My parents told me how crowded the world used to be, but we were never lonely on our remote island. We had each other, and our dogs.

Then the thief came.

There may be no law left except what you make of it. But if you steal my dog, you can at least expect me to come after you.

Because if we aren’t loyal to the things we love, what’s the point?

This is the story of Griz, he has never known enough people to play a game of football with. He lives with his family on a remote Scottish island and they don’t get many visitors because… well there are not many people alive in the world. However, one visitor does come to the island and when he leaves again he takes Griz’s dog with him.

I am going to keep within the authors wishes for this book. The author has requested that no spoilers should be given by anyone writing a review. I completely agree with this, so you will find no spoilers!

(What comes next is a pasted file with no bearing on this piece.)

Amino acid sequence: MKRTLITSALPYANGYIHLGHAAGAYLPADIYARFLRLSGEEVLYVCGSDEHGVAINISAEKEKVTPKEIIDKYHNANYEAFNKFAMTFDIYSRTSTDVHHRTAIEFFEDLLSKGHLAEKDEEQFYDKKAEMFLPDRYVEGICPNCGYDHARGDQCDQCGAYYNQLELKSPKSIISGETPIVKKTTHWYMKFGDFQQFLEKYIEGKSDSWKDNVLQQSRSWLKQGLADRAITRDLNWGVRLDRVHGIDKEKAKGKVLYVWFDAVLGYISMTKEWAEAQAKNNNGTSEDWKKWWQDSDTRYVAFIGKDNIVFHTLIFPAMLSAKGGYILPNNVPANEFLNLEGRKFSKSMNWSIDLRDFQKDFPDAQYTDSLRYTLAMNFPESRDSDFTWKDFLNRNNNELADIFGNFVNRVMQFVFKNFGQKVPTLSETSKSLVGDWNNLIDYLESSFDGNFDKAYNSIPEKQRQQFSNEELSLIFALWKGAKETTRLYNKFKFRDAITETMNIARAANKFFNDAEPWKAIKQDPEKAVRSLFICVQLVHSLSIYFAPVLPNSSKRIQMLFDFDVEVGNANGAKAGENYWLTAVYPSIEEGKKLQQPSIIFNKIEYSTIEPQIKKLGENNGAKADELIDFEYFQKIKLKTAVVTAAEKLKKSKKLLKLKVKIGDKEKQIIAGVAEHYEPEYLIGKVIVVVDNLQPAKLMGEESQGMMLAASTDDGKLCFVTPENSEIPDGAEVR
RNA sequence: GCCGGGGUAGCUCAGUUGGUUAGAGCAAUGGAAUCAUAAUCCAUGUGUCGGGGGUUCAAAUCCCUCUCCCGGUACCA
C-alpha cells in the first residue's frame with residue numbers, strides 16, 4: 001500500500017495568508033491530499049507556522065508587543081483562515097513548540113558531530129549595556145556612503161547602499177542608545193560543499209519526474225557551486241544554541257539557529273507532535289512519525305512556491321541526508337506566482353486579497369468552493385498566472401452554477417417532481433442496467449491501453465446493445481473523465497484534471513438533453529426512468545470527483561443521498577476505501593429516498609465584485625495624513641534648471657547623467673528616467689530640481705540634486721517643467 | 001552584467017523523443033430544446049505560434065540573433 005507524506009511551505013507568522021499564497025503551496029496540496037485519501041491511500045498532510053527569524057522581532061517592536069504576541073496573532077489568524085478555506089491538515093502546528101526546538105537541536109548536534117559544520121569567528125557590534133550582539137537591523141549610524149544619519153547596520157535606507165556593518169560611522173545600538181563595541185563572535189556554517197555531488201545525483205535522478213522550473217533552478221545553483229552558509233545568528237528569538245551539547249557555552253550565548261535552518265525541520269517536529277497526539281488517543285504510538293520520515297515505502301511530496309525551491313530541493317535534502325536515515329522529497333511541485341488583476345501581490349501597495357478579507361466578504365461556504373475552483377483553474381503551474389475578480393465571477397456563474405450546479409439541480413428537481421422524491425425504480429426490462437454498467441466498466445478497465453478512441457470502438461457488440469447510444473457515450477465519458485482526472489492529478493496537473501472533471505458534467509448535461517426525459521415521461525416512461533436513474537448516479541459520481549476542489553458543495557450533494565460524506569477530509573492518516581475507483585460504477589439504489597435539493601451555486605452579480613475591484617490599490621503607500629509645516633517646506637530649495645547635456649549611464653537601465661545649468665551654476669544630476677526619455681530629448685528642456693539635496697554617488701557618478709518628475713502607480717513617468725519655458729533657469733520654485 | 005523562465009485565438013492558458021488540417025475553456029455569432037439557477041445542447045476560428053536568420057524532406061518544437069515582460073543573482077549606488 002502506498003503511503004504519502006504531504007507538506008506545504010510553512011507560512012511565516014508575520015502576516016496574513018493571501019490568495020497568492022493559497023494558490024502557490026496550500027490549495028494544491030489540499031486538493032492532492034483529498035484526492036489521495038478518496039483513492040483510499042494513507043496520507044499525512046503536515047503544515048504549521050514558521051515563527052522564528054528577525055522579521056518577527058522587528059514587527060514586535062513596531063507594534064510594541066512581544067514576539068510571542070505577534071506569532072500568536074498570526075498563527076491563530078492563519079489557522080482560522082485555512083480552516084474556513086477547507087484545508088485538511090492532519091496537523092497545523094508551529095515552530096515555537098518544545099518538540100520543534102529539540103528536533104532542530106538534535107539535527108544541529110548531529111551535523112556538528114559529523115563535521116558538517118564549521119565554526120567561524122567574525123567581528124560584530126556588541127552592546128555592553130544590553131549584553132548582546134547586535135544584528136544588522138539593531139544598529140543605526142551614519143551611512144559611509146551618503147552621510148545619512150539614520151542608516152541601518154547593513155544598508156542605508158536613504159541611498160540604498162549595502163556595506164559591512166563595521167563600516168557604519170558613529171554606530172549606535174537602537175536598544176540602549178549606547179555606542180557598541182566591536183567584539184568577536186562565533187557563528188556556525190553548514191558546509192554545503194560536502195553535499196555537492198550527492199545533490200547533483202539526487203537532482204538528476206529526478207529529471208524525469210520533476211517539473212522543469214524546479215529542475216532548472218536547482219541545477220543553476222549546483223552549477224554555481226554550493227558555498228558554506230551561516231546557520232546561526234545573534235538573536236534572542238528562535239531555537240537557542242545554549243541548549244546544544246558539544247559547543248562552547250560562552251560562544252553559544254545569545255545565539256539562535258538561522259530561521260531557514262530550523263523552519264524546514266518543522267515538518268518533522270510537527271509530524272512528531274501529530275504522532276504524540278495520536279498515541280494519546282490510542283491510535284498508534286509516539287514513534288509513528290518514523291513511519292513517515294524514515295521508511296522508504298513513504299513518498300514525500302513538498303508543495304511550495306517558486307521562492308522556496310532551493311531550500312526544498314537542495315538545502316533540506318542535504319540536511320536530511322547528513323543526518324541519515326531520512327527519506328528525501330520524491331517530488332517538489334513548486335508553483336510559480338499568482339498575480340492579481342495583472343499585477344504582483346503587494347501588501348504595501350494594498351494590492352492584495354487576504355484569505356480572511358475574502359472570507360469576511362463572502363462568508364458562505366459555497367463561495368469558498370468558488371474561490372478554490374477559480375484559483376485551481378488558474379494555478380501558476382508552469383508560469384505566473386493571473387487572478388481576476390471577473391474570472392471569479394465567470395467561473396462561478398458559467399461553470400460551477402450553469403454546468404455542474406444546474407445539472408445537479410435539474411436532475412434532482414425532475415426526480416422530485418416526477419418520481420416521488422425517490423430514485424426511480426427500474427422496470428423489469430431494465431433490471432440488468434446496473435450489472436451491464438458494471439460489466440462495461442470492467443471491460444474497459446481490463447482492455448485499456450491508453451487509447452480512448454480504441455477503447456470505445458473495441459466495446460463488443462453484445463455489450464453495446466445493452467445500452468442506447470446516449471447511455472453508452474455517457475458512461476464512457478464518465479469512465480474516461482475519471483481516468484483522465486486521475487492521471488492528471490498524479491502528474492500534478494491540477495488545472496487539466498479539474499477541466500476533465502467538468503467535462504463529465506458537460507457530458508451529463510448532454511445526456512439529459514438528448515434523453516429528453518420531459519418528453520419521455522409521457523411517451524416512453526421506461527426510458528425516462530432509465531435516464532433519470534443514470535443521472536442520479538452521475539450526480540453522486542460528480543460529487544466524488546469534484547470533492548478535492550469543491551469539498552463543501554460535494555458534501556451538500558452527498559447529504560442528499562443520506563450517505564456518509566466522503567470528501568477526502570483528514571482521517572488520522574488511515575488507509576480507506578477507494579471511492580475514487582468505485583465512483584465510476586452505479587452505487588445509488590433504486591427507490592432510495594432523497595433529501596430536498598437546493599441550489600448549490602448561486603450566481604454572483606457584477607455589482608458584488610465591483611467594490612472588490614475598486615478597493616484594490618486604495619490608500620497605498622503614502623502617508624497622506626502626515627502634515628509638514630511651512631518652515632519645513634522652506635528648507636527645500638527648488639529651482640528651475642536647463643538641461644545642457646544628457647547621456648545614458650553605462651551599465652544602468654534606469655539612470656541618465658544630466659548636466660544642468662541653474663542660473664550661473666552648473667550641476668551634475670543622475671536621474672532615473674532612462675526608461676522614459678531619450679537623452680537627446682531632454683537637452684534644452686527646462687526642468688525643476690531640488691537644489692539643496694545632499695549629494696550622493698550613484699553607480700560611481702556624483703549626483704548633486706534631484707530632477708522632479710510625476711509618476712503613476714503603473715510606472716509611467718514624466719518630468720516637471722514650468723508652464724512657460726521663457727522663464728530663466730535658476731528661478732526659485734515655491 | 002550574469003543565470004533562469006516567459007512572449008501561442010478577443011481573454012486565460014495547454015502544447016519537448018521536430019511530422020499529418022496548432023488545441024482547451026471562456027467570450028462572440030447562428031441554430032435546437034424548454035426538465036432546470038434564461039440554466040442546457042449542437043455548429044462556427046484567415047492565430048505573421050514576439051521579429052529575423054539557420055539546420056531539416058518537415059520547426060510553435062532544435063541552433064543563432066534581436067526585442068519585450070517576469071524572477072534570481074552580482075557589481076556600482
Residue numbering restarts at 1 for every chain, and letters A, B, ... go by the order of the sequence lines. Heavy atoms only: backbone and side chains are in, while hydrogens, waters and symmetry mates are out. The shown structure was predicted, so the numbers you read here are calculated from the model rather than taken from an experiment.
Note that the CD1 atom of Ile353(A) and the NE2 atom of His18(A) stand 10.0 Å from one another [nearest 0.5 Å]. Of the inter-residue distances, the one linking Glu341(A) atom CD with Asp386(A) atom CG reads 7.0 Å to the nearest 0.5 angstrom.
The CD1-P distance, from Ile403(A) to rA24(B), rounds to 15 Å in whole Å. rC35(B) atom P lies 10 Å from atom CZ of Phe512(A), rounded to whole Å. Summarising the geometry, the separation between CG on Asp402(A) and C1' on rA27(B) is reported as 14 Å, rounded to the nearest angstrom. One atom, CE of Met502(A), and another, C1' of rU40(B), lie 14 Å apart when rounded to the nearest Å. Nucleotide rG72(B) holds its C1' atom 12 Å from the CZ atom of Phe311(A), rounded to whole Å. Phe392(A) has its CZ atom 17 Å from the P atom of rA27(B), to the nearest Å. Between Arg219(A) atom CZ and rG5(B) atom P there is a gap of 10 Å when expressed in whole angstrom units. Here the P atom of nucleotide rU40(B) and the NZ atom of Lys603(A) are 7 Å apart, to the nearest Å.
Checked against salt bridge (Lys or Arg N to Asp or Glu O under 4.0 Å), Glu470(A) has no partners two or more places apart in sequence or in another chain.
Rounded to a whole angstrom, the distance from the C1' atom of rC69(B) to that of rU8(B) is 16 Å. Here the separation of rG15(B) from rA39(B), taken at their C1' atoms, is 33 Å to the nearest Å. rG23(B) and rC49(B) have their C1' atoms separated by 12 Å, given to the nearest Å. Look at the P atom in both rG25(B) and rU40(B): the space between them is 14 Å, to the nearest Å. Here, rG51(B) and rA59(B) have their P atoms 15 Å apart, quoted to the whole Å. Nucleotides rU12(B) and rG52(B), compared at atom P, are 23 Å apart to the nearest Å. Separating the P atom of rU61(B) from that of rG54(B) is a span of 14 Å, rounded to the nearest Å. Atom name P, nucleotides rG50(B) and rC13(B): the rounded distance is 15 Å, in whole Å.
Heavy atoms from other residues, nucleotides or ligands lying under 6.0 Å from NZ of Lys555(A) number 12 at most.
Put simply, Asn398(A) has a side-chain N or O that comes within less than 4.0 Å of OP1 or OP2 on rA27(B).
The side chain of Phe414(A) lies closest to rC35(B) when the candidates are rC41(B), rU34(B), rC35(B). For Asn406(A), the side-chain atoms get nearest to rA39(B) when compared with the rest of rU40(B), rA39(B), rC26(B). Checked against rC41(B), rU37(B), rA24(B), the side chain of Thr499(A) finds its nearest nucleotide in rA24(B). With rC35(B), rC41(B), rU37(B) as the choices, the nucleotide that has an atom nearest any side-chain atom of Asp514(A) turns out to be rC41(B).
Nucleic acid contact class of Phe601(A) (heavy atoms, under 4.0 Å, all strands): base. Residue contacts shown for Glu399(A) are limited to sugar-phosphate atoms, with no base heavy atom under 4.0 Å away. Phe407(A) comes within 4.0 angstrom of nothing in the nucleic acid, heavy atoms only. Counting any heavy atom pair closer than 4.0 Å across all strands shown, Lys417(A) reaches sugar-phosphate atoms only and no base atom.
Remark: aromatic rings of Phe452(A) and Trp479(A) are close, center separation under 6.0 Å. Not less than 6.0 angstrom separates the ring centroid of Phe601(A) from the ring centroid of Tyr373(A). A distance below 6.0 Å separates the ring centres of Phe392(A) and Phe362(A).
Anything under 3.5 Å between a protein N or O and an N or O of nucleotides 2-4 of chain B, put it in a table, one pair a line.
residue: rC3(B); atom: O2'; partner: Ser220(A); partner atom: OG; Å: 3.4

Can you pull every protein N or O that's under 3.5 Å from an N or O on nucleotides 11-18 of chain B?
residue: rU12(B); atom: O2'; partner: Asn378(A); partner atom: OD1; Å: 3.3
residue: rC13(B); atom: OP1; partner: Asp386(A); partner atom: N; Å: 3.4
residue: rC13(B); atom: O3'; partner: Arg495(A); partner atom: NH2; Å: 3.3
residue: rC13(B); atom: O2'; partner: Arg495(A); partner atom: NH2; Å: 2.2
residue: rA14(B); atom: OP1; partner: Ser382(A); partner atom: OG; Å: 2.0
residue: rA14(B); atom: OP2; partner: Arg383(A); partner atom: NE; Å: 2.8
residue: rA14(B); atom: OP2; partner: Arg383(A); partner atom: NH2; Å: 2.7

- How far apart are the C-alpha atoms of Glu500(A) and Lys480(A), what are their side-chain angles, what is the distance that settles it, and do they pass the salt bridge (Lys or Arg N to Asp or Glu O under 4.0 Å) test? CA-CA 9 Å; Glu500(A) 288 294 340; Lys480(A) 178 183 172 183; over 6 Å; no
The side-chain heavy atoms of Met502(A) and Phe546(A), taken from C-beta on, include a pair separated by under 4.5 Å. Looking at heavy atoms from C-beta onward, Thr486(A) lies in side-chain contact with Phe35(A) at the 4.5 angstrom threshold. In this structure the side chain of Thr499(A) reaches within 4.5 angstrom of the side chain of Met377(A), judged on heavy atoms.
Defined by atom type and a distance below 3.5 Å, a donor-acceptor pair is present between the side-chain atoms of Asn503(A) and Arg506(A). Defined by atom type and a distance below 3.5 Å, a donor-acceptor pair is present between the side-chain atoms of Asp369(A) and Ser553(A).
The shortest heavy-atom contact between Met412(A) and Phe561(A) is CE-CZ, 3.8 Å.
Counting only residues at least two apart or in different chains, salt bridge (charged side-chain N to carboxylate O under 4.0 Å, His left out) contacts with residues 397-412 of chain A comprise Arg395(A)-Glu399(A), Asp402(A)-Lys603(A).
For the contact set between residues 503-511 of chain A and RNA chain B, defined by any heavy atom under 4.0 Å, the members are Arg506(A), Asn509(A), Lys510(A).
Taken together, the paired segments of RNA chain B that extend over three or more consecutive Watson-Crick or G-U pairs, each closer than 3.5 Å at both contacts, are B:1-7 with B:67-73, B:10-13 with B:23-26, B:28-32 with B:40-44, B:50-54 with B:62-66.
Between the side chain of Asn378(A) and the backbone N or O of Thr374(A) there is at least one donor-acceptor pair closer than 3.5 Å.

This novel is told all the way through from the persepctive of Griz. Through Griz I learnt about his life, his role in the family, a little of how populations diminished, it is told in the present and the past as he relates his experiences. It gives reason for chasing after his dog.

The author has done an absolutely fabulous job with the settings that are mentioned through the book, using a futuristic UK to provide a backdrop that I am familiar with and yet it is totally different. The successful portrayal of the lack of people is great and I did think that isolation and loneliness may leave a depressing after-taste, but it didn’t. Instead I felt uplifted at some points as loneliness and isolation felt more like a way of life and therefore it was normal. I rather like the idea of having spaces for being completely alone, but I don’t think I would want it as a permanent thing.

The author has things from the news, weather, environment and taken them to a reasonable and also realistic feeling future.This relevance to our present day gave me a lot to think about, things we take for granted and use or dispose and often without really thinking about it, though we are making steps towards a greener society. It does make me wonder will it be enough!